The Leftovers Review by John Keegan

The Leftovers 1.10: The Prodigal Son Returns

The Leftovers 1.10: The Prodigal Son Returns

Written By:
Damon Lindelof and Tom Perrota
Directed By:
Mimi Leder

The Leftovers is a notoriously difficult show to watch; it is an even more difficult show to review.  The subject matter is so psychological that reactions are almost entirely subjective.  It either resonates or it doesn’t, and a lot of people are going to be turned away simply by the hopelessness permeating the entire series.  When all of the characters are damaged, maybe even beyond the point of repair, it can be fairly break viewing.


There is a substantial number of viewers angry that there isn’t a set of easily digested mysteries to solve.  Lindelof is perhaps doubling down on the criticisms of Lost by essentially telling the audience that there are the things that simply happen and the choices people make as a result.  Why things happen isn’t nearly as important as the meaning that we ascribe, the choices we make in response, and the consequences that we accept or reject.


Hence my ongoing depiction of the Guilty Remnant as spoiled children, lashing out at the world for not reacting to tragedy in the same way they choose to, for moving on.  It becomes incredibly clear by the end of this episode that most of them don’t embrace the abyss that Patti had; instead, they pretend at anonymity while plotting way to make themselves more visible.  They seek attention, and not only that, but negative attention.  They take survivors’ guilt to the extreme and plot ways to force others to lash out against them.  It’s about as self-indulgent a form of self-loathing as it gets.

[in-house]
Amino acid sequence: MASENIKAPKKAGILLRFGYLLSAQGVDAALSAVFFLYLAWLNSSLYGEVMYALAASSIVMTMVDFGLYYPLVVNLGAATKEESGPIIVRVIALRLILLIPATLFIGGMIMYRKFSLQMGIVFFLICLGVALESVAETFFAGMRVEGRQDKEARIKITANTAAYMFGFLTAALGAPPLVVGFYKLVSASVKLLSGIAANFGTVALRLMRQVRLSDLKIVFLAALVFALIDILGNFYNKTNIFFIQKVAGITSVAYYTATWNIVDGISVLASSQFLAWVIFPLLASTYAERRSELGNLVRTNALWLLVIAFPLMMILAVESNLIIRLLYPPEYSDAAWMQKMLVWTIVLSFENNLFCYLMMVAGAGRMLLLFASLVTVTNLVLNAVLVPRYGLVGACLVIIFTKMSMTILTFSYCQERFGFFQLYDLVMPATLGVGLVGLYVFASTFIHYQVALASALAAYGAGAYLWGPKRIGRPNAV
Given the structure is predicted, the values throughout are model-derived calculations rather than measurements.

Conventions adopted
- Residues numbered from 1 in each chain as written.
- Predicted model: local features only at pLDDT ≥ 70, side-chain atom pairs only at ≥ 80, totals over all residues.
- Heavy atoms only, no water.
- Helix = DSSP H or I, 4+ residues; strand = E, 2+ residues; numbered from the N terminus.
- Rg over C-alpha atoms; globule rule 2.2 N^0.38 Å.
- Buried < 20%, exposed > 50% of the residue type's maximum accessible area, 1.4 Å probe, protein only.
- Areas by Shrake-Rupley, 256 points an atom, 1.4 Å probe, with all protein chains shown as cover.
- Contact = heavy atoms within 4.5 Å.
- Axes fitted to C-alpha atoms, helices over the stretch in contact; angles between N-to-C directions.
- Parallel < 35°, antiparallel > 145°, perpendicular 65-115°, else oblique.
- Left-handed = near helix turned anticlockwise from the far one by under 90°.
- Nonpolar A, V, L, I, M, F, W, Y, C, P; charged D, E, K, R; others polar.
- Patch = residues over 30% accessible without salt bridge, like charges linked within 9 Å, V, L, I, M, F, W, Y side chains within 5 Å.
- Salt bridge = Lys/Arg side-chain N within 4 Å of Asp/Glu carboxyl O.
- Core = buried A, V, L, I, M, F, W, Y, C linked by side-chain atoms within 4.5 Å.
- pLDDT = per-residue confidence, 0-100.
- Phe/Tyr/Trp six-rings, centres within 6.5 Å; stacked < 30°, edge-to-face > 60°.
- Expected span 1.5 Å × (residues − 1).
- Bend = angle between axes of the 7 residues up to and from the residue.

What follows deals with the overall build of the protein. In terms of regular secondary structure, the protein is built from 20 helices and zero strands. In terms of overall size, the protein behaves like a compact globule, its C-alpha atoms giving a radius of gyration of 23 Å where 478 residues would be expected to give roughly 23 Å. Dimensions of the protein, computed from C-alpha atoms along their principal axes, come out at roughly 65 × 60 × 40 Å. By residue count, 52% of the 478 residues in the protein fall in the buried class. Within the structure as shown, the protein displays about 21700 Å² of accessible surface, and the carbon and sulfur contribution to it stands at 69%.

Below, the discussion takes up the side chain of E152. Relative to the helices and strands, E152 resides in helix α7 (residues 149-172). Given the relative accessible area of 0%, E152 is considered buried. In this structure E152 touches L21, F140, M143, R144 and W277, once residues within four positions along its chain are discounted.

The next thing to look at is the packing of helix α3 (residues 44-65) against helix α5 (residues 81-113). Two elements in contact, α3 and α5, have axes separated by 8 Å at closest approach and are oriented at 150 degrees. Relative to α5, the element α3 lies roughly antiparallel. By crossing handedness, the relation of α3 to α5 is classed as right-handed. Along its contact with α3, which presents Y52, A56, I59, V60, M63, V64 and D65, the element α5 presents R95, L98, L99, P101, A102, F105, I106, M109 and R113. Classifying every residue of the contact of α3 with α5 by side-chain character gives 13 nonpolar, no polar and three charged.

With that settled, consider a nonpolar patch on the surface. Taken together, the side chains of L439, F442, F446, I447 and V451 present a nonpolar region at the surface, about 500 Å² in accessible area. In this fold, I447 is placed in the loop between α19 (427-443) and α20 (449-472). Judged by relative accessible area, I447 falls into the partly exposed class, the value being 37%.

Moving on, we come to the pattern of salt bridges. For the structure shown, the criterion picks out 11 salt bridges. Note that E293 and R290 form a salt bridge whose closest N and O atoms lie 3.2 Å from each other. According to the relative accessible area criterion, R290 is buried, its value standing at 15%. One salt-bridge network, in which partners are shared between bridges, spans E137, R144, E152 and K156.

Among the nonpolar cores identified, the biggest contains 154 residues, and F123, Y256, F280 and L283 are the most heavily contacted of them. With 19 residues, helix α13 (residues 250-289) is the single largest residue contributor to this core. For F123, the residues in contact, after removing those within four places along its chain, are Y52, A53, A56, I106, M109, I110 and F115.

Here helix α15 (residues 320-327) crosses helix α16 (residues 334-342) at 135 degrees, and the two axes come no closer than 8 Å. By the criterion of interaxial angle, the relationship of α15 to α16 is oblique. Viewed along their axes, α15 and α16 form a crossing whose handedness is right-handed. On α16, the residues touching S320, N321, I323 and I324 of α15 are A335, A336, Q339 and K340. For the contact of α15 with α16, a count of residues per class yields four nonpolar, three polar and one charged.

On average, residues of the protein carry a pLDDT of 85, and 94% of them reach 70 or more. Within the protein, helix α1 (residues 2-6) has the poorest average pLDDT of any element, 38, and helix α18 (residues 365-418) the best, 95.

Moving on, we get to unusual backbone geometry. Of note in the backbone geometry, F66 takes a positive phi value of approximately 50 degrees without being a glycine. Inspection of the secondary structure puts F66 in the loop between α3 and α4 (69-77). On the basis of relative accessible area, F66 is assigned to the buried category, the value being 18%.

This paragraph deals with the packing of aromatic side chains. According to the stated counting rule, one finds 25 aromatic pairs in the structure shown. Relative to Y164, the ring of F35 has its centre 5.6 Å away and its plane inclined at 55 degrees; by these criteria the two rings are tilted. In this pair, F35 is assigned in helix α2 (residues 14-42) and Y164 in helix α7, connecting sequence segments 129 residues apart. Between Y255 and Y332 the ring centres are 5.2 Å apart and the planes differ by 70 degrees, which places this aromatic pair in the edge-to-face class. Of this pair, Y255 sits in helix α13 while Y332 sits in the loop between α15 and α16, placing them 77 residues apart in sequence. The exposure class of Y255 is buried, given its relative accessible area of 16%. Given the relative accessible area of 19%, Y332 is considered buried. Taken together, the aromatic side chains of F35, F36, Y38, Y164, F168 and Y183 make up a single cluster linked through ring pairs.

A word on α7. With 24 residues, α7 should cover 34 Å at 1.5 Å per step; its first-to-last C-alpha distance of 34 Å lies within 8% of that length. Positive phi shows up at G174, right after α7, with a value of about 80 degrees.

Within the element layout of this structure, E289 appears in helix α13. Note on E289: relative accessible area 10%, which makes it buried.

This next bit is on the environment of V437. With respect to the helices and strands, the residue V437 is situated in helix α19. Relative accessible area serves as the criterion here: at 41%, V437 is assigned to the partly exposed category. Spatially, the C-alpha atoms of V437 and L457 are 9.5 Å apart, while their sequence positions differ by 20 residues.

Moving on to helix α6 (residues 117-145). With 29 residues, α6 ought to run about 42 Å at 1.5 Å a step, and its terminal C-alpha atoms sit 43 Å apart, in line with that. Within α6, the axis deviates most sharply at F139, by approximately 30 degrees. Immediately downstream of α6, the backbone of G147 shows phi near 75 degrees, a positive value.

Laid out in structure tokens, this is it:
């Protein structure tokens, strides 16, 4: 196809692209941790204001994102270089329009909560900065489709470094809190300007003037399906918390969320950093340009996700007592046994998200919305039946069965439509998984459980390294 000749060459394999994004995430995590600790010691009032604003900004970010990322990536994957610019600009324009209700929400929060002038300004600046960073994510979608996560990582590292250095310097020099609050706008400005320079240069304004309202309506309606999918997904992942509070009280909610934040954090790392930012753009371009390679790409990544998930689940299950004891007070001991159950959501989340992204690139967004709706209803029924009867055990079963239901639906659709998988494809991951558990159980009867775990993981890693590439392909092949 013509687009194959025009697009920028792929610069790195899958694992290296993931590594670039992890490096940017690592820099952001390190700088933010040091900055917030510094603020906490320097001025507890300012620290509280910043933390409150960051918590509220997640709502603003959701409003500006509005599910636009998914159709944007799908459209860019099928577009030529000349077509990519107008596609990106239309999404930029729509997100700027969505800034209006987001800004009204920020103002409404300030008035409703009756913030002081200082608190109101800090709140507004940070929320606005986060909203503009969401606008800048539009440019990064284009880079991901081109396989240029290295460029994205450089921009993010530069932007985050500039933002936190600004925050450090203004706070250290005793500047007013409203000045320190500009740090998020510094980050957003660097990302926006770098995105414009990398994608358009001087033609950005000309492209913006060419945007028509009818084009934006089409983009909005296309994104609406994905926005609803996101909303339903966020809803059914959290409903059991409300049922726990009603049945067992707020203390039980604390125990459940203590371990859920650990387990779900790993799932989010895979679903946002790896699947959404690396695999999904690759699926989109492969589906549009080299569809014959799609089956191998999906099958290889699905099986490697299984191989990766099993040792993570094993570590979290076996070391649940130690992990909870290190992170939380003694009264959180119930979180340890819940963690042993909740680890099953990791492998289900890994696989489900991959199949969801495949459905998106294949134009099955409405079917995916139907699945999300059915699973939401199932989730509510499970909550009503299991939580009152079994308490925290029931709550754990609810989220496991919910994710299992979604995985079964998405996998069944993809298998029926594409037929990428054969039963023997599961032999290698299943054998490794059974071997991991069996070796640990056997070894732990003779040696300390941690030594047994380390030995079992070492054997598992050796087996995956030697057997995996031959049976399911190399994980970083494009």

This is all backdrop to Kevin’s long dark night of the soul, as he begins to realize that he’s the unreliable narrator of his own worldview.  Matters have spun so far out of control that he’s not even sure what the hell is going on anymore.  It was all too easy to believe that he was in that institution, falling deeper into madness than his father.  Embracing the tenuous threads of hope, offered by a false prophet, is all he has left, and events conspire to make it seem like faith in something, even something potentially (and likely) false, is better than sliding into nihilism.  This is reflected in the Biblical passage recited by Kevin, which is all about faith without proof or foundation.


The entire season, and this episode, might be summed up by the montage accompanied by the haunting rendition of Metallica’s “Nothing Else Matters” by Apocalyptica.  It captured the tone of the show perfectly.  Ending with Nora’s somewhat terrifying farewell, forestalled by the most unlikely of circumstances, points to the endgame: even when it seems hopeless, there is a reason to carry on.

Our Grade:
The Good:
  • Brings together the messages of the series well
  • The direction is excellent
The Bad:
  • It’s hard to know where things will go from here

John Keegan aka "criticalmyth", is one of the hosts of the "Critical Myth" podcast heard here on VOG Network's radio feed Monday, Wednesday & Friday. You can follow him on twitter at @criticalmyth

The Leftovers by - 9/9/2014 7:18 AM179 views

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